While the Bible paints many pictures of routine actions in a daily setting, it also captures people in moments of crisis, as the theme of flight confirms. Well over 200 references to people fleeing from something express a sense of the vulnerability of people and of the dangers that frequently overwhelmed them.

Not surprisingly, approximately half of the references to flight occur in the battle stories of the Old Testament historical books. In fact, the theme of flight and chase is widespread to battle itself, inasmuch as the whole point of joining battle is to dislodge an opponent from the territory it is occupying. That holds true both physically and spiritually.

The stories of flight also portray characters fleeing for their lives from powerful figures who want to destroy them. Jacob fled for his life from Esau and later from Laban, David fled from a paranoid Saul and later from his usurping son Absalom, and Elijah fled from Jezebel after she declared war on the prophets of God.

The fledgling nation of Israel fled to Egypt, and centuries later Jesus' family fled to Egypt to escape Herod's plans for genocide. Moses fled for his life after slaying an Egyptian taskmaster. In a humiliating and futile venture, Jonah attempted to flee from the presence of God, a feat that Psalm 139 declares to be an ironic impossibility.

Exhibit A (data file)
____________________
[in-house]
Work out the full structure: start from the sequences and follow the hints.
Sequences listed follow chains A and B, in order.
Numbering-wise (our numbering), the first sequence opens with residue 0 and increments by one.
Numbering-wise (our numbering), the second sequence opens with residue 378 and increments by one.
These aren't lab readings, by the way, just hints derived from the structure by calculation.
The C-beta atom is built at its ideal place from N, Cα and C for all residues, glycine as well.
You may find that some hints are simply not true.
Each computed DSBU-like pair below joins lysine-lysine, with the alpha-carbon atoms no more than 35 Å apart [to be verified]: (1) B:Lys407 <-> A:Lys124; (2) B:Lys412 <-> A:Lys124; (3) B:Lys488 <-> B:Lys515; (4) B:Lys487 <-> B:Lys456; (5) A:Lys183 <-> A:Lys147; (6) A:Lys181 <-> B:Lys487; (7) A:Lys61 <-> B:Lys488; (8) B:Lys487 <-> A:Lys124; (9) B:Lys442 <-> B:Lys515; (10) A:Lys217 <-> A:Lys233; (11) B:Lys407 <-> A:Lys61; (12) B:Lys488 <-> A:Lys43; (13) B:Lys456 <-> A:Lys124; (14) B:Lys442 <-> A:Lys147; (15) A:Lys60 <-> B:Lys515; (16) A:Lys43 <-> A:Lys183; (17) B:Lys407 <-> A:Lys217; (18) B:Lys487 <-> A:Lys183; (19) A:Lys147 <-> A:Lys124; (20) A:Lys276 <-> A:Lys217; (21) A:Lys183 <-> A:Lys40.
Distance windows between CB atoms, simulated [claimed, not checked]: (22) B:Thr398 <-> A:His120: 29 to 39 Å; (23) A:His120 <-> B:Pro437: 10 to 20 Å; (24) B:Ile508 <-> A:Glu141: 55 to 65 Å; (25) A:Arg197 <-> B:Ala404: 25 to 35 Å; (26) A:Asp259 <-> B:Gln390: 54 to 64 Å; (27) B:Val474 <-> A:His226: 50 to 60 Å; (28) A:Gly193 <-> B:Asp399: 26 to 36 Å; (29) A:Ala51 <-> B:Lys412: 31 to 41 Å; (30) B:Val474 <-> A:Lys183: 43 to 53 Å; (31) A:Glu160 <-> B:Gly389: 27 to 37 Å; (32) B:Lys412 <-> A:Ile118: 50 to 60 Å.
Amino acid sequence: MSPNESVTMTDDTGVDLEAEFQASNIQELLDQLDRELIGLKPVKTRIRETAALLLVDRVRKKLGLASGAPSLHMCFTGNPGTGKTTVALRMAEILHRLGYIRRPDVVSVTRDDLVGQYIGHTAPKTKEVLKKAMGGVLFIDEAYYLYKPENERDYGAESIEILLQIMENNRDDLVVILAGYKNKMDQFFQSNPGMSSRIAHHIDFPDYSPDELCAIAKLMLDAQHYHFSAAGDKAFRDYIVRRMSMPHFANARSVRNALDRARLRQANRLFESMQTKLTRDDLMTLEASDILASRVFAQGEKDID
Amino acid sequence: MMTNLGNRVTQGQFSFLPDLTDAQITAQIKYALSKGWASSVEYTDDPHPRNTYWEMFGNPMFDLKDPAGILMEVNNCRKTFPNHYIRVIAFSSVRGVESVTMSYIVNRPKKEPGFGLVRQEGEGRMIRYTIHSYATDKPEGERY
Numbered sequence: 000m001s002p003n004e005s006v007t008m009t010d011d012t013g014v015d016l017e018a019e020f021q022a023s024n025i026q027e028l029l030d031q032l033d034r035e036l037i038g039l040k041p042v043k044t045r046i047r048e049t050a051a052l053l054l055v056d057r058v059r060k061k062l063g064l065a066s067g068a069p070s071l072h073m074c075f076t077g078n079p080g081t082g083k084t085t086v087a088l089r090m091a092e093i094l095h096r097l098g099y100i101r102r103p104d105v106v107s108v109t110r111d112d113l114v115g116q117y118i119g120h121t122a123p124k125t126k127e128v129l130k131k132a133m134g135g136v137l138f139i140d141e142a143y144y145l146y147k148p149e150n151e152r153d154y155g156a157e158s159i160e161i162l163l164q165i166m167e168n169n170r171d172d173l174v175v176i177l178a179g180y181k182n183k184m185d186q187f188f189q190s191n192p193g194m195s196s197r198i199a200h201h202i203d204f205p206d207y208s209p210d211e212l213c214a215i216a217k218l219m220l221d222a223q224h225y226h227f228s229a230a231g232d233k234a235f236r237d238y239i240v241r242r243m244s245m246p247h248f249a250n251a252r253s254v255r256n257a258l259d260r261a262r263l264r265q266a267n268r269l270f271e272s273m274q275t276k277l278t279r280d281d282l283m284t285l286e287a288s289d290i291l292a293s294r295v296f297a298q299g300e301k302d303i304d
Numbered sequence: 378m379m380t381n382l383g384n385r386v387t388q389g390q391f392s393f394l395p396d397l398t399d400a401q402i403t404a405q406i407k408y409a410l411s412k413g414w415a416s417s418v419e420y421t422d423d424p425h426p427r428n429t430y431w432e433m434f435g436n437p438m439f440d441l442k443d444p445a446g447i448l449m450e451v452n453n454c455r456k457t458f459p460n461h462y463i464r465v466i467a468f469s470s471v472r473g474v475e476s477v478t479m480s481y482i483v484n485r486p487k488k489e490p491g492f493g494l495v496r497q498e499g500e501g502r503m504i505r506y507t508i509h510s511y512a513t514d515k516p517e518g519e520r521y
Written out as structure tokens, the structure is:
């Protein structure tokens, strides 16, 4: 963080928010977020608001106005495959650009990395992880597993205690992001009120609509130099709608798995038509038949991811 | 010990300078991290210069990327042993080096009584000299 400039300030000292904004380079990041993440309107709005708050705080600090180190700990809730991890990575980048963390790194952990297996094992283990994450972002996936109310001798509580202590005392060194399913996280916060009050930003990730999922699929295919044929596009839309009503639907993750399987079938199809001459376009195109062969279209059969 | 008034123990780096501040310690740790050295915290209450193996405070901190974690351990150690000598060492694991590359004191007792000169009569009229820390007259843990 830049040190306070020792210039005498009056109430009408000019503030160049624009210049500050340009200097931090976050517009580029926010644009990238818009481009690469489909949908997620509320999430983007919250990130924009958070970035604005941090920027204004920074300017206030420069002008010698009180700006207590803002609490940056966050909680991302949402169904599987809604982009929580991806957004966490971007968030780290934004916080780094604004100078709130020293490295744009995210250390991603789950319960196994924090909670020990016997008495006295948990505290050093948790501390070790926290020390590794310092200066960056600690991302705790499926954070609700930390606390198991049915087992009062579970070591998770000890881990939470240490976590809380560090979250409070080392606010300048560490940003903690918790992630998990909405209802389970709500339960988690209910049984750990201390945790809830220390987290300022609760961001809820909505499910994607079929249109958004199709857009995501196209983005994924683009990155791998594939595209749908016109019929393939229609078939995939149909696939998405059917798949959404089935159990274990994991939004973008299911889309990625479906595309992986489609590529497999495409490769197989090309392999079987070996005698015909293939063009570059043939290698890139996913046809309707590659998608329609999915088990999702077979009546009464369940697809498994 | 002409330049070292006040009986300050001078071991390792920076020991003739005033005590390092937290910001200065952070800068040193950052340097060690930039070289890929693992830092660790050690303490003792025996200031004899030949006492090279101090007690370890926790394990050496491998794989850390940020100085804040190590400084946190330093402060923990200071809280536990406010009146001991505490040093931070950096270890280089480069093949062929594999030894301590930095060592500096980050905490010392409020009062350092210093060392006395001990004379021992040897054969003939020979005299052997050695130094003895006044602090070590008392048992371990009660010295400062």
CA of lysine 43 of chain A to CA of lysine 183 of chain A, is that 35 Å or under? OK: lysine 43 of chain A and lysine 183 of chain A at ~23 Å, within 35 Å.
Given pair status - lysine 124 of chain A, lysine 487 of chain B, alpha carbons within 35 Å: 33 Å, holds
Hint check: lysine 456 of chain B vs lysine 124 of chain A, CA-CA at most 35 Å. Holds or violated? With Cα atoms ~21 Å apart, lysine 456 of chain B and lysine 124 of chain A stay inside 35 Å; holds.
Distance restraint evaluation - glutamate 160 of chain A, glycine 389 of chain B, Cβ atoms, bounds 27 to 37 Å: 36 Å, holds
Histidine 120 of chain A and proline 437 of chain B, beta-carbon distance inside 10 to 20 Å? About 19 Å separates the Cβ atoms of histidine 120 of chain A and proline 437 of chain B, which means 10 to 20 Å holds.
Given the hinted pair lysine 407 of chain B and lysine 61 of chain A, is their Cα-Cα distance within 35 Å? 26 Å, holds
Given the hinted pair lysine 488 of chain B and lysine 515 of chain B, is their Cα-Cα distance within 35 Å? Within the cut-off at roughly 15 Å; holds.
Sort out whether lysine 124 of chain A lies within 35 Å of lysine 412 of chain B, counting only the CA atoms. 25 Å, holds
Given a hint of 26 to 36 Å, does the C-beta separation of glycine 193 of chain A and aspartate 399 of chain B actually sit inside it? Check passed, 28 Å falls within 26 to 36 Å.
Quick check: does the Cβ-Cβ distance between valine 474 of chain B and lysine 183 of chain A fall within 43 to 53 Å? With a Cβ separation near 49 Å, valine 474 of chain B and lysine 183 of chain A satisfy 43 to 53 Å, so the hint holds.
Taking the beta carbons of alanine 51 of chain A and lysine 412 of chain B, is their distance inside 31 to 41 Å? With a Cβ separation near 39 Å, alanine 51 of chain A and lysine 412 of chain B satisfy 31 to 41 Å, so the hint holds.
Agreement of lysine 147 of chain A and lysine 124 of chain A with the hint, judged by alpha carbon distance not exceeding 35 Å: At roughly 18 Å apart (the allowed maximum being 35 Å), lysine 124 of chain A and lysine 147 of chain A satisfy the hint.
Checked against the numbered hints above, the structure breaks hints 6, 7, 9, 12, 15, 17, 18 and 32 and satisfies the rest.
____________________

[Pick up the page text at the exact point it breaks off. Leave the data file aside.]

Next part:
Psalm 139:7-12 Where can I go from Your Spirit? Or where can I flee from Your presence? If I ascend into heaven, You are there; if I make my bed in hell, behold, You are there. If I take the wings of the morning, and dwell in the uttermost parts of the sea, even there Your hand shall lead me, and Your right hand shall hold me. If I say, "Surely the darkness shall fall on me," even the night shall be light about me; indeed, the darkness shall not hide from You, but the night shines as the day; the darkness and the light are both alike to You.

Verse 7 asks the question, "where can I flee from Your presence?" In the Hebrew, it is literally, "from Your face." That is, where He will not be, and will not see me. I cannot find a place—a spot in the universe, where there is not a God, and the same God.

This is a fearful thought to those that hate Him. Much as they may wish or desire it, they can never find a place where there is not a holy God! But it is immensely comforting to those who love Him—that we will never be where we cannot find a God—our God. That is, nowhere, at home or abroad, on land or on the ocean, on earth or above the stars, we will ever reach a world where we will not be in the presence of that God—that gracious Father—who can defend, comfort, guide, and sustain us.

The chase and flight theme portrays the nature and character of relationships individuals have with the Lord God, with each other, and to sin, righteousness, and judgment. The presence of the flight theme in the Bible often structures the story, moving the action from conflict toward resolution.

Let us look at three elements of the pattern of conflict toward resolution. The story of Jacob and Laban is a prime example of this pattern. The first element includes a situation of conflict (between individuals or God) beginning the action. The inflaming situation could be jealousy, barrenness, or a change of attitude.

Genesis 31:2-3 And Jacob saw the countenance of Laban, and indeed it was not favorable toward him as before. Then the Lord said to Jacob, "Return to the land of your fathers and to your family, and I will be with you."